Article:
Shatterproof Phone Films Invented
Too many of us are carrying shattered phones because we can't afford new screens. However, scientists from the University of Akron may have discovered a solution to save fragile phones from their dilapidated doom.
Lead researcher Yu Zhu, assistant professor of polymer science at University of Akron, and his team created a transparent electrode that could make phones shatterproof.
Zhu and his team found that that a transparent layer of electrodes on a polymer surface helps boost surface toughness and flexibility. Researchers said that latest findings were proven with repeated scotch tape peeling and bending tests.
Researchers said the latest study could transform and replace traditional touch screens, which have coatings that are made of brittle indium tin oxide (ITO). Not only are ITOs weaker, they are also more expensive to manufacture.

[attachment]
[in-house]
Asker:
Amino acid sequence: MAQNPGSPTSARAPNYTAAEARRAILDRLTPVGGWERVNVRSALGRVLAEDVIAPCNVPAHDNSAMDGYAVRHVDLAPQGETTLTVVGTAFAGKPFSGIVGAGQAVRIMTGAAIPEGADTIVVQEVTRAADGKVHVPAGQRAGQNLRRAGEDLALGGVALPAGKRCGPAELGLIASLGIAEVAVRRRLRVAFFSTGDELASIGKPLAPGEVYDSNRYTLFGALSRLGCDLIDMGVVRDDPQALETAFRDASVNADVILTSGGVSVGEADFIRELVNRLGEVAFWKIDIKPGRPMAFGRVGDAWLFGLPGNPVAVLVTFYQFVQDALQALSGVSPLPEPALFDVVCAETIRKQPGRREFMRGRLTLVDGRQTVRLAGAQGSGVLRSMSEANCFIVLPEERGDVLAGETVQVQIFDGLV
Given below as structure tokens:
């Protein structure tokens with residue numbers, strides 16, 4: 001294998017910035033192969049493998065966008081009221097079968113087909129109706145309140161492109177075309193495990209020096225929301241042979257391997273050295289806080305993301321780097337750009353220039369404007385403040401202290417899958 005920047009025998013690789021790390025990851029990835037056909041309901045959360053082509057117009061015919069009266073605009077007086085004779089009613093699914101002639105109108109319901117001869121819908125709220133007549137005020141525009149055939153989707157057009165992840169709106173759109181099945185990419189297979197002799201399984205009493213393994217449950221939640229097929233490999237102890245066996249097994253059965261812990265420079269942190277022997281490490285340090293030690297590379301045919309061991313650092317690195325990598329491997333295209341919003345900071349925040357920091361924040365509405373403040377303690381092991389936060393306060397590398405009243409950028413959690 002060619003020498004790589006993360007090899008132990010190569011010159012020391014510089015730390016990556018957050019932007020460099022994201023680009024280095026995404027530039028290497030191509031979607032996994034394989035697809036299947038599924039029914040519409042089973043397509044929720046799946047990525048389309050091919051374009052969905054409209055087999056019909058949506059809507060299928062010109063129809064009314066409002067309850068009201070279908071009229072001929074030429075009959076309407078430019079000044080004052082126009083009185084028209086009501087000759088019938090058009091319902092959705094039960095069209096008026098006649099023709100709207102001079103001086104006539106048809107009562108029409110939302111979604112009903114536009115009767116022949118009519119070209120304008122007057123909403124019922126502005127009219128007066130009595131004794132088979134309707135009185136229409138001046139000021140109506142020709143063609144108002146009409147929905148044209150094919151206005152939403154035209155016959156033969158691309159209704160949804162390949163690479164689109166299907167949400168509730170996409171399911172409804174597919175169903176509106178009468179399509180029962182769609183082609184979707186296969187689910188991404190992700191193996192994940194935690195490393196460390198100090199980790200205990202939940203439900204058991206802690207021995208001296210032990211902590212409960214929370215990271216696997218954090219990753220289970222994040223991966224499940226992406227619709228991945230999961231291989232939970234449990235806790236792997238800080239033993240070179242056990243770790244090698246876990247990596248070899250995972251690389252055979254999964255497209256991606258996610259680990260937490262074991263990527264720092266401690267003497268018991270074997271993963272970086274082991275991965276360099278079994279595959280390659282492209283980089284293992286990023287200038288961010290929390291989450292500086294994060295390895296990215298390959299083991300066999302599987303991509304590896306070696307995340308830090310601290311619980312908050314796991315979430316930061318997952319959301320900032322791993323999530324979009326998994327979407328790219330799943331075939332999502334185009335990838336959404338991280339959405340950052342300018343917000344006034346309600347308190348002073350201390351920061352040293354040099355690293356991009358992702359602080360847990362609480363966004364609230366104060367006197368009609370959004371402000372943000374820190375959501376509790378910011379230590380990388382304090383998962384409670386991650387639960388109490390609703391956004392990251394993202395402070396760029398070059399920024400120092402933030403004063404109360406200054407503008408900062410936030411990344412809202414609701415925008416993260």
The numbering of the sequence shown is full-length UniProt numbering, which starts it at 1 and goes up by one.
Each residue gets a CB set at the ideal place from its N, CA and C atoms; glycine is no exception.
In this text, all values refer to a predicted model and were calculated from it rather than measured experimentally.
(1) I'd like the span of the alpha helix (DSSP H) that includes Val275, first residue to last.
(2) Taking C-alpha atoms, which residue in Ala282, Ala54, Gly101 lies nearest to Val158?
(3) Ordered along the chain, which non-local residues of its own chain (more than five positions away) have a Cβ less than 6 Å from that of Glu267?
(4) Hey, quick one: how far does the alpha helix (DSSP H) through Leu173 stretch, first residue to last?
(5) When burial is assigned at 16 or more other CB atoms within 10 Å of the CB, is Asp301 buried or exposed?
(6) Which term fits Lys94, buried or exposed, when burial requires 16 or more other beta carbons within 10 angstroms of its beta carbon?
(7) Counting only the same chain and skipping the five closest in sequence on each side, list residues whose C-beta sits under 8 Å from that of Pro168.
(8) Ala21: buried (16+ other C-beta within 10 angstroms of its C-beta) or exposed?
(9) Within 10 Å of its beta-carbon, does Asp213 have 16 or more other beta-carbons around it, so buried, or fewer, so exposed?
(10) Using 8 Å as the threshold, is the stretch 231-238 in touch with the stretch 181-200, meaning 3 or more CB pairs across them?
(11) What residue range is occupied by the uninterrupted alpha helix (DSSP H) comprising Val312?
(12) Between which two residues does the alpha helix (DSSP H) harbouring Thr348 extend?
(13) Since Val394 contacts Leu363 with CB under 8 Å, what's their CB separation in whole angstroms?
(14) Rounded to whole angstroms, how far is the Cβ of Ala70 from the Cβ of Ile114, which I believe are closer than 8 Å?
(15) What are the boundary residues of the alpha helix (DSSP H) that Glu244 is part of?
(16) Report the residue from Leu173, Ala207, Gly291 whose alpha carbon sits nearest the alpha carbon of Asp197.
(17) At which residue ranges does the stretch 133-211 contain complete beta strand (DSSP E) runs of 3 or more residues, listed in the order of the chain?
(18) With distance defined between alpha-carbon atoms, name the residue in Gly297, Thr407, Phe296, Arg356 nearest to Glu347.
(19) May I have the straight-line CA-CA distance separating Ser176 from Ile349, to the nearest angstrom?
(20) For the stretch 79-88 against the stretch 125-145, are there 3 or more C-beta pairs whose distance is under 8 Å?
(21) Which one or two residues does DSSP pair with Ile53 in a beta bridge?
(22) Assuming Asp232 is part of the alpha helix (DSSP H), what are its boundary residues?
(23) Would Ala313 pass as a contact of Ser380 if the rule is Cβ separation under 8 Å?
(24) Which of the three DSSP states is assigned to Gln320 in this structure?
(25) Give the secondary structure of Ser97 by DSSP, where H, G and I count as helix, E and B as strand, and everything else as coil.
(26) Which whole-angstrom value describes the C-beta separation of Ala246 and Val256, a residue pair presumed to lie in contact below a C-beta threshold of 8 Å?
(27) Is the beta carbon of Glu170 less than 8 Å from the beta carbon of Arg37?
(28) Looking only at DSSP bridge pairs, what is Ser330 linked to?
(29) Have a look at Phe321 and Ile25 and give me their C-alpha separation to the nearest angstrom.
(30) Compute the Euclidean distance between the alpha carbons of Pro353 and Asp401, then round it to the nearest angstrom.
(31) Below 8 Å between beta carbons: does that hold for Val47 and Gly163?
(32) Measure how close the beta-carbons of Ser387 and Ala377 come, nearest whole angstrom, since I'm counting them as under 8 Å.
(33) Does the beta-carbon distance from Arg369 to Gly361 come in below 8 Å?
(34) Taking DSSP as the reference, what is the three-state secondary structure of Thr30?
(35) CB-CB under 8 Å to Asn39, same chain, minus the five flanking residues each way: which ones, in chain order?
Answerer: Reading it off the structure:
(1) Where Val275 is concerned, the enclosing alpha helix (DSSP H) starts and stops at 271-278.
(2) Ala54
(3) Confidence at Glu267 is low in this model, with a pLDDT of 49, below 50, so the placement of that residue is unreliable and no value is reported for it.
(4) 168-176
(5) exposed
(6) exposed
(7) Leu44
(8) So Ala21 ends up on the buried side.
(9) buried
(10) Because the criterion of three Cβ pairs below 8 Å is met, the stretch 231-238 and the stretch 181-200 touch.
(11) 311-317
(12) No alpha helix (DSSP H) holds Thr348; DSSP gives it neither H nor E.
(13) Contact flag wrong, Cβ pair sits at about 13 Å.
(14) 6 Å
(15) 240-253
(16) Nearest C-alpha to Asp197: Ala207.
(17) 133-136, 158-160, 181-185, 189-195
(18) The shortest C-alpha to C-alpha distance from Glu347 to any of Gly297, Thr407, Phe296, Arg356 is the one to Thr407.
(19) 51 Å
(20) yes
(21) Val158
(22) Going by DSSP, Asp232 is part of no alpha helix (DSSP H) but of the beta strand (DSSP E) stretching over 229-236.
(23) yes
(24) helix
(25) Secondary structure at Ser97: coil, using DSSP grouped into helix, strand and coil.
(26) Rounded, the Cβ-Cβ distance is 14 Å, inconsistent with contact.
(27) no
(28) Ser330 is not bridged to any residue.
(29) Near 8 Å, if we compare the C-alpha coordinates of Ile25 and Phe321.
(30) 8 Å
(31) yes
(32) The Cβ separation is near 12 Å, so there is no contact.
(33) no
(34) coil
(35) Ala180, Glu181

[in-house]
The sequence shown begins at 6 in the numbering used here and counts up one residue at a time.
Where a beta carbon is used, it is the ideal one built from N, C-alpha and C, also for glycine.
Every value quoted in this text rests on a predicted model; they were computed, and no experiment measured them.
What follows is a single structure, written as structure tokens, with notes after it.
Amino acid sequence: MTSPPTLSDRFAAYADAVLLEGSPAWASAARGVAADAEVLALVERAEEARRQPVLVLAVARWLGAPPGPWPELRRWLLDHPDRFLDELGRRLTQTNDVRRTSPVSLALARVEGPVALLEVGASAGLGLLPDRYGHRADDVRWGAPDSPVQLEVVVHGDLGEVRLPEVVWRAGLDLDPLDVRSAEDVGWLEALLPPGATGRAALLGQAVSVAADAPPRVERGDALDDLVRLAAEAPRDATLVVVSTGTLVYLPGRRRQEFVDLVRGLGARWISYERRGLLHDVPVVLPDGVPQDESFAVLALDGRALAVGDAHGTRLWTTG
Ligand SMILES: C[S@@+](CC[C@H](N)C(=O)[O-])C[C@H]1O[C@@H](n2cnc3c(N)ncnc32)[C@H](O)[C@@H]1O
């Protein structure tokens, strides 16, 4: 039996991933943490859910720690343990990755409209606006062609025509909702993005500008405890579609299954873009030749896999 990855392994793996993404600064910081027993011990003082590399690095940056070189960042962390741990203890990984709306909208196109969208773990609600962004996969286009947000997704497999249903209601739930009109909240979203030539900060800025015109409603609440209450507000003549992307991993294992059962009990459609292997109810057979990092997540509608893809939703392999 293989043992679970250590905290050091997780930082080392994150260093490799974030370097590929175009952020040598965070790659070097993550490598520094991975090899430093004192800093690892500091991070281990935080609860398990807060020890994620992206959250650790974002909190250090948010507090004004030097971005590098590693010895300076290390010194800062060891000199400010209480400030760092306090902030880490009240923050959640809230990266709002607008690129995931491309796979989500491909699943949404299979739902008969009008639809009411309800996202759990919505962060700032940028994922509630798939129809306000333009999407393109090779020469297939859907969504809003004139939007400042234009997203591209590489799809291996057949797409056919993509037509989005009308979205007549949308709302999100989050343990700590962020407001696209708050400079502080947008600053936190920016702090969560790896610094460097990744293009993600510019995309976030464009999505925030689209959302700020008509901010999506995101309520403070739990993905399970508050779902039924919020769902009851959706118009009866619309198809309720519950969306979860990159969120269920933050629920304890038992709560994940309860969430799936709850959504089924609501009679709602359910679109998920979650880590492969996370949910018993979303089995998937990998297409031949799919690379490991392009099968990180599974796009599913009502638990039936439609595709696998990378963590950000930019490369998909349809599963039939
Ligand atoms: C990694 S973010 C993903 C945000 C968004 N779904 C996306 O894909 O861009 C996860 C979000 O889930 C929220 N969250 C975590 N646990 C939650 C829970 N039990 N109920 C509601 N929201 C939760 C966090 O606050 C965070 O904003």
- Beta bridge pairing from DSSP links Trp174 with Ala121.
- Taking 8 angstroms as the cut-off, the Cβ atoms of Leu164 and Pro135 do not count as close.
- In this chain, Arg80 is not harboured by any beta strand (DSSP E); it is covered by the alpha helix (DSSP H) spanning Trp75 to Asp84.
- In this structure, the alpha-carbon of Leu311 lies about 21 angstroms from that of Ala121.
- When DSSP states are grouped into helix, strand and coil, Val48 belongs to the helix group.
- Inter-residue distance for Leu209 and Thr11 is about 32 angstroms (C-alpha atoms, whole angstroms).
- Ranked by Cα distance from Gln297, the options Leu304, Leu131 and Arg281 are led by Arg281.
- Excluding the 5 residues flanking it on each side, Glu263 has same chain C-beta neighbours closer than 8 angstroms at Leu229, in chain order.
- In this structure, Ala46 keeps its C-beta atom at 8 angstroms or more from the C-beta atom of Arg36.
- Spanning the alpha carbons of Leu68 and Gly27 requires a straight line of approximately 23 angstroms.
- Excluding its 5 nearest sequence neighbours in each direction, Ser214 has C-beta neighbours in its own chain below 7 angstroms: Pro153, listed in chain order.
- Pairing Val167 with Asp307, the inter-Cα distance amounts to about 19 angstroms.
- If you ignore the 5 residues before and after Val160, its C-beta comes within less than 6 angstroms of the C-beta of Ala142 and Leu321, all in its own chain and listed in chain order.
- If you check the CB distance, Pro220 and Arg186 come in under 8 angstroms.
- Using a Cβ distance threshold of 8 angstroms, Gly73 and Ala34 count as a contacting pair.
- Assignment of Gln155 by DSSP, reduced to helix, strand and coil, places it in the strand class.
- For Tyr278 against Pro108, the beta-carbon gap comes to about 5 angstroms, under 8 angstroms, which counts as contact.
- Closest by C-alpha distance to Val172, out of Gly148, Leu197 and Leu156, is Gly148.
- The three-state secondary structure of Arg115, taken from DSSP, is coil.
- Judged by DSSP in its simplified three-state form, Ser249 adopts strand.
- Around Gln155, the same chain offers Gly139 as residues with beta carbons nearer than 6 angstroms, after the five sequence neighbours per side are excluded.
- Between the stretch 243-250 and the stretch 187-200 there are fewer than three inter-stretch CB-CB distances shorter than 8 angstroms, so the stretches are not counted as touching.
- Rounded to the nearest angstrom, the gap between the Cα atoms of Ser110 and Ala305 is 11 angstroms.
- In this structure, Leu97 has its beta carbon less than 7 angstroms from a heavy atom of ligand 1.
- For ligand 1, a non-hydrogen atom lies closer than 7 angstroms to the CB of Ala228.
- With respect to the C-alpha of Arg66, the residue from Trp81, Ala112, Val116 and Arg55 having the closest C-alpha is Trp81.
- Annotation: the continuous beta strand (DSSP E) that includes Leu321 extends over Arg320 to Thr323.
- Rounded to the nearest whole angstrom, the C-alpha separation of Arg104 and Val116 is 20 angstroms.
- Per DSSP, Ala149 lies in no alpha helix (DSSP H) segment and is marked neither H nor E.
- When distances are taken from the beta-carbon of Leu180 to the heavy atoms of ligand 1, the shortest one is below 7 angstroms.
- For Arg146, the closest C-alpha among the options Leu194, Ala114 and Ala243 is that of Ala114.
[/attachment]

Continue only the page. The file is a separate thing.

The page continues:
"These two pronounced factors drive the need to substitute ITO with a cost-effective and flexible conductive transparent film," Zhu said in a news release.
He noted that the new film will be just as transparent as the traditional ITO, and may even offer greater conductivity.
Study data revealed that the novel film retained its shape and functionality after being bent over 1,000 times. Researchers believe that the latest invention could be produced in cheap, mass-quantity rolls.
"We expect this film to emerge on the market as a true ITO competitor," Zhu says. "The annoying problem of cracked smart phone screens may be solved once and for all with this flexible touch screen."